South Africa: Has Anyone Asked What Dancers Need Before Heading for #Jerusalema?


Despite the life-giving power and joy of dance being a refuge for South Africans in these tough times, the government continues to fail the arts fraternity and dancers with its lack of financial support and a clear plan to keep the sector alive. That this is happening during Heritage Month adds insult to injury.

To most, dance is a form of expression and art. During lockdown, dance demonstrated its power to heal and unite people around the globe, providing much-needed feelings of wellness and a moment to breathe when so much was, literally and figuratively, on our necks, as we joined the hashtag #ICan'tBreathe.

At its best, dance reveals meaning over despair. Dancers at their best are the shamans who, at times of need, provide healing. They are trained to observe and replicate with freedom to invent, in culturally and politically relevant ways. Dance is not politics, but becomes political by virtue of circumstances.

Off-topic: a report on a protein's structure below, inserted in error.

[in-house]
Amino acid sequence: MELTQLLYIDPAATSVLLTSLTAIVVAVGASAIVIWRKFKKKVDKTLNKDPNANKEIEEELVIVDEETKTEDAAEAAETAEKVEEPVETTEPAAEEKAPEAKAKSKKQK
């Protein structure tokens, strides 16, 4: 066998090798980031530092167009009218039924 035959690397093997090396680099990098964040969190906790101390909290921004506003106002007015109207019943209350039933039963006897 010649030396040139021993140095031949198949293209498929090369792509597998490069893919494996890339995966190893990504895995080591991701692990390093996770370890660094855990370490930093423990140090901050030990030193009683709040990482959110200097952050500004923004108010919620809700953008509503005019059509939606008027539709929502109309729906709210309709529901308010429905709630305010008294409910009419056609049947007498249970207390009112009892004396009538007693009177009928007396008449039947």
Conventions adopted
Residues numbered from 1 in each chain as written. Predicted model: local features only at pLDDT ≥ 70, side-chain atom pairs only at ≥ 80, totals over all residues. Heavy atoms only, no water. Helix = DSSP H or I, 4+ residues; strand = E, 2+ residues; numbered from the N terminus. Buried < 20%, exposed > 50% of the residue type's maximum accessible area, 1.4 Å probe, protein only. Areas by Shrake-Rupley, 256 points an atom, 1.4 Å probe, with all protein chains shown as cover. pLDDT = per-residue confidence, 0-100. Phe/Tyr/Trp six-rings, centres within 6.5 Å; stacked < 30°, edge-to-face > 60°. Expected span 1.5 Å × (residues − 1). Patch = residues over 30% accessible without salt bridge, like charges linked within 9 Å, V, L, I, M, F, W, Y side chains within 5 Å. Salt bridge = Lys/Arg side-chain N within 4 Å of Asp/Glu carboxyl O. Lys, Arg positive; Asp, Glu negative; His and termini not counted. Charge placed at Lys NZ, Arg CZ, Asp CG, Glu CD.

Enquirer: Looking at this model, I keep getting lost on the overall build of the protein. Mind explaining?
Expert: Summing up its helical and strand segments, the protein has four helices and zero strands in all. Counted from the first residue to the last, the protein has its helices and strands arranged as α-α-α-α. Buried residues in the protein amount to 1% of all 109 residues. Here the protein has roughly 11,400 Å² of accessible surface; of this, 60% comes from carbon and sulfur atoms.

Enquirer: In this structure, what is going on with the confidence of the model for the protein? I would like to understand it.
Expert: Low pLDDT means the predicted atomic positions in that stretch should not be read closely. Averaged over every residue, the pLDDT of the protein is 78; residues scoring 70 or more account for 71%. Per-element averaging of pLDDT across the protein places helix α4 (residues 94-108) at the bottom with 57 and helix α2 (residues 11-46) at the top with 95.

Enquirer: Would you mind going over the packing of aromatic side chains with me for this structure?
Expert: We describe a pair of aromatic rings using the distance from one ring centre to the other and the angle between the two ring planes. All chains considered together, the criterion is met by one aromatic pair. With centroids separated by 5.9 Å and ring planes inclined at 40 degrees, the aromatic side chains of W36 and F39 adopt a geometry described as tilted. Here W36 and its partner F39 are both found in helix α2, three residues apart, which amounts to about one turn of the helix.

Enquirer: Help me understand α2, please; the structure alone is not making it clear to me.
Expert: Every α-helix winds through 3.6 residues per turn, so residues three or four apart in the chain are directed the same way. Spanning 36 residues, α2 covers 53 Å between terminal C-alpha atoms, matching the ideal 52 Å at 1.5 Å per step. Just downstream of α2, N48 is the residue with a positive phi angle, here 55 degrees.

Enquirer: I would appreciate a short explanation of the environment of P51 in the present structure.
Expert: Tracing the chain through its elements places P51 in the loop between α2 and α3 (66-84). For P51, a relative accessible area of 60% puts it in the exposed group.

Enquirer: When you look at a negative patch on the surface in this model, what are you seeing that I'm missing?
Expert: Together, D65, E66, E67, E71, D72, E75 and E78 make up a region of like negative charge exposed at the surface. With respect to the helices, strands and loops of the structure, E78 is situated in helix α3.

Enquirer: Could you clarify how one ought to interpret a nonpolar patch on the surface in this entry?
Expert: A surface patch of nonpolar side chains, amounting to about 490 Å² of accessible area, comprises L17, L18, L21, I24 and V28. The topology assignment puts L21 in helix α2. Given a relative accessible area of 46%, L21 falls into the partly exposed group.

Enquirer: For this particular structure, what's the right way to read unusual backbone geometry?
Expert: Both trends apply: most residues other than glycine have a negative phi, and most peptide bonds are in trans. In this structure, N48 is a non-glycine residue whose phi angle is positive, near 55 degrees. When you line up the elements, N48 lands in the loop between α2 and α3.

Many of us formed our careers in our backyards in the 1980s, in the heart of apartheid South Africa, experimenting with movement as the air around us filled with dust and the smoke from burning tyres and teargas; as we had to dodge rubber bullets and...

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